Department for Work & Pensions  

Firing Line Caroline Rookes

Firing Line Caroline Rookes

The Money Advice Service (Mas) has not had a happy existence. Criticised almost from the start, for being too vague, spending too much money on marketing, and stealing financial advisers' branding, it is now being merged into a single body together with The Pensions Advisory Service (TPAS) and Pension Wise; effectively disappearing after a troubled genesis.

Its current chief executive, Caroline Rookes, announced at the end of last year, that she would leave early and retire in April. This was despite the Financial Conduct Authority and HM Treasury approving her reappointment until February 2019, after three years in the role.

Speaking before the publication of detailed government plans on the single guidance body just before Christmas, Ms Rookes said: "I came on a three-year contract and my plan was to do the three years and to leave, but as it turned out with the timing of various reviews and announcements at the end of the three years, it just didn't seem the right time to go.

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"It seemed important to stabilise the organisation, and with the latest ministerial decision to create the single guidance body to take the best of Mas and TPAS, it was a good time to step down and hand the reins to someone else."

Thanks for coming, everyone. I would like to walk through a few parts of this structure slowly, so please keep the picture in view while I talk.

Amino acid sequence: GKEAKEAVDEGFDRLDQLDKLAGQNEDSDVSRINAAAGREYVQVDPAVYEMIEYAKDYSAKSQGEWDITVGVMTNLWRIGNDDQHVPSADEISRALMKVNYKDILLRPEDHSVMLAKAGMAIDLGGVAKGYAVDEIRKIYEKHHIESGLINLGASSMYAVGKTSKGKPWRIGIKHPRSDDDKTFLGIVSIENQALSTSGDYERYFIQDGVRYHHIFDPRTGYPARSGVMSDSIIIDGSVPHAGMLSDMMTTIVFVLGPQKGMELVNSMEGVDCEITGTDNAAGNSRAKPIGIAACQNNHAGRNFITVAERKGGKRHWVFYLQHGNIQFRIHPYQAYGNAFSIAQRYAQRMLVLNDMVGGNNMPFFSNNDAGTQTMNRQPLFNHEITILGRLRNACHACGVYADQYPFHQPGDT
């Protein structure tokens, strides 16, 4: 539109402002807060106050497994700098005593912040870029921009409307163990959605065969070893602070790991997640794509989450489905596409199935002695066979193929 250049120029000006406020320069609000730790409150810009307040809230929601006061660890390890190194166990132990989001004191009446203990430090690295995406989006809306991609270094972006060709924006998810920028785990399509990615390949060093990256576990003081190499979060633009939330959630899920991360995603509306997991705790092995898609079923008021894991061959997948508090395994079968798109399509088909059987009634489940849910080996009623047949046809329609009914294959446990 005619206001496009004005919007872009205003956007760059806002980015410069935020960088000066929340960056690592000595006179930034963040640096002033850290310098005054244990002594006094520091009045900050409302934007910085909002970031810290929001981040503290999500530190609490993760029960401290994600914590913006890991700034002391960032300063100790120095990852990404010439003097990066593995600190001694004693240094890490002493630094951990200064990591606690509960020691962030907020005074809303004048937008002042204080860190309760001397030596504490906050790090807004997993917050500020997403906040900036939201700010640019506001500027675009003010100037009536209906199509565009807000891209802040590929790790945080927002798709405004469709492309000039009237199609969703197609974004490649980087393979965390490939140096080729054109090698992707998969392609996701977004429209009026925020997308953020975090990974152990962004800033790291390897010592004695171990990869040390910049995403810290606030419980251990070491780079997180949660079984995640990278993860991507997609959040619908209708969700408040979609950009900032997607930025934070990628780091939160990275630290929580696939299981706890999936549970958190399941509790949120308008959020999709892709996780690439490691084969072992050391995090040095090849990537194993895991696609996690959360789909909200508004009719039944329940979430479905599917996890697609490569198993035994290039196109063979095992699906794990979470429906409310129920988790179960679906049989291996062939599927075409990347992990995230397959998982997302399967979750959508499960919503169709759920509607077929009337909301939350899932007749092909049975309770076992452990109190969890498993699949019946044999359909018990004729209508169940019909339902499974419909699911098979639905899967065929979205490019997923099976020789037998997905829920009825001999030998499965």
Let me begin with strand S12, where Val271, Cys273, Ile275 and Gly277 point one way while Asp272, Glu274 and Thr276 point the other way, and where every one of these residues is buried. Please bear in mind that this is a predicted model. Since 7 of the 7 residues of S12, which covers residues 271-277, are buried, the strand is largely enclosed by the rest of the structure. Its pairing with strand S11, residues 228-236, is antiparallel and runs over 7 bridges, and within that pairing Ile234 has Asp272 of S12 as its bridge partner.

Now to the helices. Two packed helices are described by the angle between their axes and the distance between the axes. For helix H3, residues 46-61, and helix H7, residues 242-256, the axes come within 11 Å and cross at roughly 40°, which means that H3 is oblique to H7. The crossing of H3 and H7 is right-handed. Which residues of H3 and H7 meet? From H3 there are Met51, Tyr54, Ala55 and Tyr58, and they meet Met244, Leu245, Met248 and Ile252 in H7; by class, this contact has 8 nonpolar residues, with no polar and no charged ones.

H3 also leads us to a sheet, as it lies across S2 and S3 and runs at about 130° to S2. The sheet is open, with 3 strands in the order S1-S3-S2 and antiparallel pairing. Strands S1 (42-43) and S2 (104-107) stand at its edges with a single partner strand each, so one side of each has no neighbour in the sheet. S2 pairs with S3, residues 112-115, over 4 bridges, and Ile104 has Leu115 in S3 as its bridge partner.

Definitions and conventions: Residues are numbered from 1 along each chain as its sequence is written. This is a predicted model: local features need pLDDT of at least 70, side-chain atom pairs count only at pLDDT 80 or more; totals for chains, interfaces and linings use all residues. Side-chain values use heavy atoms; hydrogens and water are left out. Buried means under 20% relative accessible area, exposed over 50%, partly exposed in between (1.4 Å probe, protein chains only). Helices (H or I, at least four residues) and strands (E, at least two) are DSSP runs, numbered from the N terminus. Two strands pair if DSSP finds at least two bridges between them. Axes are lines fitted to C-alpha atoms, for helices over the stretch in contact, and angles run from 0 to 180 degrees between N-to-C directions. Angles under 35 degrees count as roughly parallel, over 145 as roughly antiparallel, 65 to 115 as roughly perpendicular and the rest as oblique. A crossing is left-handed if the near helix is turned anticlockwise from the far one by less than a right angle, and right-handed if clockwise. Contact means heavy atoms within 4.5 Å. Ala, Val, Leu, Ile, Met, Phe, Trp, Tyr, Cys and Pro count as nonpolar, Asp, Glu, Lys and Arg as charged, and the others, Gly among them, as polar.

The MAS has had a troubled existence from the start. Formed in 2011 on the back of the Thoresen Review of generic financial advice, the idea behind it was to encourage people to budget properly, to manage their debts and understand how to engage with financial services.

But the criticism subsequently levelled at Mas was that it was unclear how it should go about this, especially since several well-established organisations such as Step Change, TPAS and Citizens Advice already did much of this work. 



The organisation spent tens of millions on establishing a brand, to persuade people to come to its website, and paid its initial chief executive Tony Hobman £350,000. Several reviews later – from HM Treasury, the National Audit Office and the Treasury select committee – it was decided last year to abolish it. The original plan was to create two organisations – a slimmed-down guidance body and a pensions guidance organisation, announced in the Budget last March. This was changed in October last year, when it was announced that there would be a single guidance body, following representations from industry.

Ms Rookes said: "I don't think it had a clear enough view of what it wanted to do. It took some time to work that through.

"I was clear from the start what our long-term objective was, and therefore what we needed to do to get there. We have a very strong sense of direction and clear strategy for the next couple of years. My intention is to create a very strong legacy that understands what the consumer needs, and works with partners to deliver that."

One of the main challenges for Mas in the advice sector was whether it was taking over from financial advisers in their role. This was not helped many have argued, by the word 'advice' in Mas's name.